John Tavares Finds a New Home in the Toronto Maple Leafs Lineup

Toronto Maple Leafs v Arizona Coyotes
Toronto Maple Leafs v Arizona Coyotes / Zac BonDurant/GettyImages

Toronto Maple Leafs fans were enjoying their team’s unexpected 7-game win streak until it was ended by Vegas Tuesday night. Much of the talk surrounding this stretch has been around the team coming together to cover for the absence of top defenceman Morgan Reilly.

It seems a long time ago now that Reilly took out his anger on the Ottawa Senators' Ridly Greig with a crosscheck to the head, earning himself a 5-game suspension in the process.  Things looked bleak at the time for the Toronto Maple Leafs.

Apparently, the answer to overcoming that adversity was simplifying the game.  Getting the puck safely out of the defensive zone.  Forechecking hard.  Avoiding costly mistakes.  It’s amazing how some teams lose sight of these principles, and are then surprised upon returning to the basics to see how effective that style of play can be.

Of course, there were other contributing factors to this recent run of good fortune.  The emergence of 27-year-old rookie Bobby McMann as a source of secondary scoring.  The return to form of goalie Ilya Samsonov.  A fourth line that is actually playable.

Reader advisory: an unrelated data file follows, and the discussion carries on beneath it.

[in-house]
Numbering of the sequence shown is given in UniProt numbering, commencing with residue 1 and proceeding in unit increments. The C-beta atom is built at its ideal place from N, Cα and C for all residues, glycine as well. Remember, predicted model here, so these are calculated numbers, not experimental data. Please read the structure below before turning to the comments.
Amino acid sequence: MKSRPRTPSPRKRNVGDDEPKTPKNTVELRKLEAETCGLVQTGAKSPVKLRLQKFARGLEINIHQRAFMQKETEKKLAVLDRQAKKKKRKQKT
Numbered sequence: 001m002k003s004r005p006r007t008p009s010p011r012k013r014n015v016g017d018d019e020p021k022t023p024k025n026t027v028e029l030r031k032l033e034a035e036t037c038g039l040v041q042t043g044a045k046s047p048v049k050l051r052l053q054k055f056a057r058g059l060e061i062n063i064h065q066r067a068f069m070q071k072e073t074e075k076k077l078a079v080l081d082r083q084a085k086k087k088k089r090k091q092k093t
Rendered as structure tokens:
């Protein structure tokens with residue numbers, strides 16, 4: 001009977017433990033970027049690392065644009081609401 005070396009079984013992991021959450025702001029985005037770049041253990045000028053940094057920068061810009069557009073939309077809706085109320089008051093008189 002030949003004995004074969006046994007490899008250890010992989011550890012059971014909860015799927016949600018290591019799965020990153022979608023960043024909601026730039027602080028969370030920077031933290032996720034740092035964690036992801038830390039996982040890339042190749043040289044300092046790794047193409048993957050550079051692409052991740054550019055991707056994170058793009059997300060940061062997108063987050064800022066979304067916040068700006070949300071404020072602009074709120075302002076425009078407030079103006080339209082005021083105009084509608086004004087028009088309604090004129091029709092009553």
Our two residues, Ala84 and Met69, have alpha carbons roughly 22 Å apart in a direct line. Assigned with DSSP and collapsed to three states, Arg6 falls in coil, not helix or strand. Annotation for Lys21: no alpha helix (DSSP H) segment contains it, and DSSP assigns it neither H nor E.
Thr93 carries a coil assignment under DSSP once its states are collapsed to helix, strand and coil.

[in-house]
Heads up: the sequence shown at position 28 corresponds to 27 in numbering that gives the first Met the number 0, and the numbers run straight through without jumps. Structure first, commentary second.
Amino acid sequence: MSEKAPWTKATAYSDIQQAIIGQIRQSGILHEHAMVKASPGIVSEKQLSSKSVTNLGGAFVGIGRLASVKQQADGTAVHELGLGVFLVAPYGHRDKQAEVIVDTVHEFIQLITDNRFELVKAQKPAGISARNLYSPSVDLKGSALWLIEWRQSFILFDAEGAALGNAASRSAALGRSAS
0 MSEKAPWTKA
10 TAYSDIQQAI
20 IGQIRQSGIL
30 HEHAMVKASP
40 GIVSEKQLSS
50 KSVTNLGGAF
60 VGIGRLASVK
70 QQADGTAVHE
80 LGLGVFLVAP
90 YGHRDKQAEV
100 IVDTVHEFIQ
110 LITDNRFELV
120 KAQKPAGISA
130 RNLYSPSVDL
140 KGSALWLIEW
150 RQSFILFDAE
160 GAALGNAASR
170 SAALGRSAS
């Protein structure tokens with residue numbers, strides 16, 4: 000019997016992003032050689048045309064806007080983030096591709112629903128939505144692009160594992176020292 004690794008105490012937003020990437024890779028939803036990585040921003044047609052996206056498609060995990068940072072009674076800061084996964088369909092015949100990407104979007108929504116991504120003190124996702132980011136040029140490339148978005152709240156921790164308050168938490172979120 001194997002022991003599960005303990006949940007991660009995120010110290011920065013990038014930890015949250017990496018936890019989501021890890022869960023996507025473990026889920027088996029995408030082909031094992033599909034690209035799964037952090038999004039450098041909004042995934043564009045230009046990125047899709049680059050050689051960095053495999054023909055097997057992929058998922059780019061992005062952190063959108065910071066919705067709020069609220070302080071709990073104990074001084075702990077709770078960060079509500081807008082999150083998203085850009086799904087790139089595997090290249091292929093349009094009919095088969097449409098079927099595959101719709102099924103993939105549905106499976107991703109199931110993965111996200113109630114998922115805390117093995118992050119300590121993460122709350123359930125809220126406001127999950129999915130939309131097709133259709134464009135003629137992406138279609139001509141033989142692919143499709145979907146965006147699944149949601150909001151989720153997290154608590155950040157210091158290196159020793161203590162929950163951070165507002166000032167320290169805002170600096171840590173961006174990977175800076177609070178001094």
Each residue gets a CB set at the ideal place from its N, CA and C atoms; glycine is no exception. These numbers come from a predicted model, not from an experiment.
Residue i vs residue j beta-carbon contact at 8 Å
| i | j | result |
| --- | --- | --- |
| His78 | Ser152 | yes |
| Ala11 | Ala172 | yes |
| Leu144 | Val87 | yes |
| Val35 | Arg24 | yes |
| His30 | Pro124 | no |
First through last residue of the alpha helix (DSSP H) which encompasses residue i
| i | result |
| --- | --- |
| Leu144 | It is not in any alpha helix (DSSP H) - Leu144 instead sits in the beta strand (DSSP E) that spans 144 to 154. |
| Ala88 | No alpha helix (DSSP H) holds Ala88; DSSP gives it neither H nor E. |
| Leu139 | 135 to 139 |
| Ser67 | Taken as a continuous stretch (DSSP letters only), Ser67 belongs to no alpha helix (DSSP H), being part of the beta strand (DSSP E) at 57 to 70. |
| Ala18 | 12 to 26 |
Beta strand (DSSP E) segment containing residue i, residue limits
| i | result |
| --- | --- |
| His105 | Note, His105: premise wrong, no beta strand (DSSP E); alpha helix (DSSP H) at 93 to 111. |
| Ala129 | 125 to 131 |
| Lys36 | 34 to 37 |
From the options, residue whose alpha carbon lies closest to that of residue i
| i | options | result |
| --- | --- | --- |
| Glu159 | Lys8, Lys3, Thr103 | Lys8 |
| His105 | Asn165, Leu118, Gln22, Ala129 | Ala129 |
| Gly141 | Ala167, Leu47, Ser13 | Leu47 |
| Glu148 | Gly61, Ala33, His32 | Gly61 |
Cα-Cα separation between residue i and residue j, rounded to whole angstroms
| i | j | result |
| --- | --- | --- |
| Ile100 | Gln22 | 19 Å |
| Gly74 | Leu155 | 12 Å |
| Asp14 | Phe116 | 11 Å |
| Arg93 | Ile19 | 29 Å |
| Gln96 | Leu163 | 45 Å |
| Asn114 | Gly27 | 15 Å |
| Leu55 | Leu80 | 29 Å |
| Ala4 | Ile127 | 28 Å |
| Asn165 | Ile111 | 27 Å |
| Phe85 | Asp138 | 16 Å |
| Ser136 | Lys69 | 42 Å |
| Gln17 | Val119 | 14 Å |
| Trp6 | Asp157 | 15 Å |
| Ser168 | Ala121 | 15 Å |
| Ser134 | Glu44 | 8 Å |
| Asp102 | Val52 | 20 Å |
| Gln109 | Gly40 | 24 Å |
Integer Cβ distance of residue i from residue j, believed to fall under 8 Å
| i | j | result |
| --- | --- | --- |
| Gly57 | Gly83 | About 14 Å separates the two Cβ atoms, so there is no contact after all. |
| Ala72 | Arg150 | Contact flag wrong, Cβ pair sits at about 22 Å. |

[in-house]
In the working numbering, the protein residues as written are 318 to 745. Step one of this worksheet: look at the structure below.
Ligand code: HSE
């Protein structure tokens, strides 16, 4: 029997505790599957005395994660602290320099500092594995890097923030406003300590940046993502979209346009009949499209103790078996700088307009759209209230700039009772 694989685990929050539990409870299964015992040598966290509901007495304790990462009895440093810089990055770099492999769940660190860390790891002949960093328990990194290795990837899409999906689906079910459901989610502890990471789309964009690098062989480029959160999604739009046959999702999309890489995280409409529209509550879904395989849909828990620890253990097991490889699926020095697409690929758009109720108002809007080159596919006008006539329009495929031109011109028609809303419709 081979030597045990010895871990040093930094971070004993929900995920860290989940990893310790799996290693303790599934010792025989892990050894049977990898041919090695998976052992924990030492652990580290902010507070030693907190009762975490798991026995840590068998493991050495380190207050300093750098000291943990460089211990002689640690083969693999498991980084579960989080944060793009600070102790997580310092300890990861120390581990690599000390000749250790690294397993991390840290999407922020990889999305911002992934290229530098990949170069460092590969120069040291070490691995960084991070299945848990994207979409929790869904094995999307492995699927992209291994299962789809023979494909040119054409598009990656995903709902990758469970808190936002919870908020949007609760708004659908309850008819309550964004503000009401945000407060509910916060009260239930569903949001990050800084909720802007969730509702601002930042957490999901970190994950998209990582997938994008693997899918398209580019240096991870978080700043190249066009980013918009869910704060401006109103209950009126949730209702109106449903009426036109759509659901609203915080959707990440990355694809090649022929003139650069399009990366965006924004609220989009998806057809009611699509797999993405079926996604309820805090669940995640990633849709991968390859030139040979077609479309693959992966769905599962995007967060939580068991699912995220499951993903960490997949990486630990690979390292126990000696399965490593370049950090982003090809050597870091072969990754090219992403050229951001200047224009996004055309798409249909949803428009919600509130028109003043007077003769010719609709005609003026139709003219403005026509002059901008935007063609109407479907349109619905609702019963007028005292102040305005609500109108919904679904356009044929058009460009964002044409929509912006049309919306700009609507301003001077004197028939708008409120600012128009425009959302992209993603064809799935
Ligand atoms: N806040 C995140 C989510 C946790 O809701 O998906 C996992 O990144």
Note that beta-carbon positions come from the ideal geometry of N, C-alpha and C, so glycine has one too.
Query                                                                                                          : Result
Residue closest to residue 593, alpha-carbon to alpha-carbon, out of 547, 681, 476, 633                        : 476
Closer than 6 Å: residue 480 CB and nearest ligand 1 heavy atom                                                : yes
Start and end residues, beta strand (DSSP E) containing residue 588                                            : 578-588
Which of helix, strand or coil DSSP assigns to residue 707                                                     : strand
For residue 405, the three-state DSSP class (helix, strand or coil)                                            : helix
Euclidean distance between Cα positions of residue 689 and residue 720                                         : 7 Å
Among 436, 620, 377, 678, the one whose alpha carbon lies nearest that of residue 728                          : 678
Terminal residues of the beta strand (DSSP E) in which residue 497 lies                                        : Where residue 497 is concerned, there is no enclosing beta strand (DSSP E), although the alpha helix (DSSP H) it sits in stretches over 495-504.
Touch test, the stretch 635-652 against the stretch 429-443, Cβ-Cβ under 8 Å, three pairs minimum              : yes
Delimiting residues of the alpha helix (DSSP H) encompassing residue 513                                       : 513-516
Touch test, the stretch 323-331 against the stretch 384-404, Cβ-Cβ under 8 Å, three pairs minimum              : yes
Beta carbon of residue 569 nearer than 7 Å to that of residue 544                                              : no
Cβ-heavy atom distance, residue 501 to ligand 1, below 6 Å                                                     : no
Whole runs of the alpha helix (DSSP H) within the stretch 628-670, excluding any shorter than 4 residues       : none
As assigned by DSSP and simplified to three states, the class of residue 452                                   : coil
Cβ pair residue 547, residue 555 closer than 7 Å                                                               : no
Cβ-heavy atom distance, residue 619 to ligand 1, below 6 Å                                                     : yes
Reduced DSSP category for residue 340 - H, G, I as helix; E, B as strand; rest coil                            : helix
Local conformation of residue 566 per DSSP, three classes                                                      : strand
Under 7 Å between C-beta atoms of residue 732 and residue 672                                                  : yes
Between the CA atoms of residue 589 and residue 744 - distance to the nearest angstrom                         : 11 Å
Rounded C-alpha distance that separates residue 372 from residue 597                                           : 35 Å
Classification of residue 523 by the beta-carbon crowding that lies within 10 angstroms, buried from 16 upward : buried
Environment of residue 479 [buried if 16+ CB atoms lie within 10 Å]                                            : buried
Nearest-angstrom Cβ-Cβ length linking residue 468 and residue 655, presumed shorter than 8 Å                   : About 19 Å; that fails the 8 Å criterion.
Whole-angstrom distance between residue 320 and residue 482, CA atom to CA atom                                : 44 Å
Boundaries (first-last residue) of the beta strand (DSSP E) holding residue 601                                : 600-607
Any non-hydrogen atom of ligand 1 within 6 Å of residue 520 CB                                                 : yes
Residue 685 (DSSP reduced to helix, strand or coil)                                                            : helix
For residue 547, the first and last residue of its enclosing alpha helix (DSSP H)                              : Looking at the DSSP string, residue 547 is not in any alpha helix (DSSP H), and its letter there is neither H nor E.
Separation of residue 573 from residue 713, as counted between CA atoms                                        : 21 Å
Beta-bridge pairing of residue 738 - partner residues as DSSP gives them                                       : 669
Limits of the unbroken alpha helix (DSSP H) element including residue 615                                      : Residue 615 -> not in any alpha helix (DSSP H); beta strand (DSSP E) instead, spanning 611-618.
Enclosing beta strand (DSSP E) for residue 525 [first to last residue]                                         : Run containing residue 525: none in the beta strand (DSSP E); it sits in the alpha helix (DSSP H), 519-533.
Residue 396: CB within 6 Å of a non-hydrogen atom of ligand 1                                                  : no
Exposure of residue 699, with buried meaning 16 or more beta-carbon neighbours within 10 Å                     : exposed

But one noticeable change that hasn’t really garnered a lot of commentary was the movement down the lineup of captain John Tavares.

Toronto Maple Leafs Drop John Tavares To Third Line

Tavares, 33, is in the second last season of the 7-year, $11M/yr contract he signed with the Toronto Maple Leafs in 2018 (per  Most would agree he has provided value for those numbers, but we’re starting to see the inevitable age-related decline this year, as he has fallen behind his career point-per-game pace (43 points in 55 games).

Head Coach Sheldon Keefe has moved Tavares to the third line, centering McMann and Nick Robertson, and Tavares has looked pretty good (the Vegas loss notwithstanding).  Easier matchups are always welcome for a skilled veteran who has maybe lost a step.

In a similar vein, Tyler Bertuzzi has taken Tavares’ spot on the first powerplay, and has been productive in front of the net.  This bigger role for Bertuzzi seems to have boosted his 5-on-5 play as well. He's broken out of a 19 game goal-scoring drought with 5 tallies in his last 6 games.

Max Domi may or may not continue to centre Bertuzzi and William Nylander on the Toronto Maple Leafs second line, but so far, the returns have been positive.  Or they were prior to last night.

Many critics have been calling all year for Keefe to spread out the “Core 4” over three lines instead of two, especially in light of the team’s lack of scoring outside of those four players.  However, that ignores the difficulty of seemingly demoting one of your star players.

Apparently, the team’s needs have finally trumped the feelings of the players, and Tavares is the odd man out.  To his credit, he appears to be accepting the move stoically and not complaining, as a good captain should. Mentoring younger players can still add a lot of value, and a bit less ice time can lead to more energetic shifts.


Perhaps he realizes that what’s good for the Toronto Maple Leafs maximizes his chances of winning a Stanley Cup.  When you’re 33 and don’t yet have a ring, you do what’s necessary to make the best of your final seasons.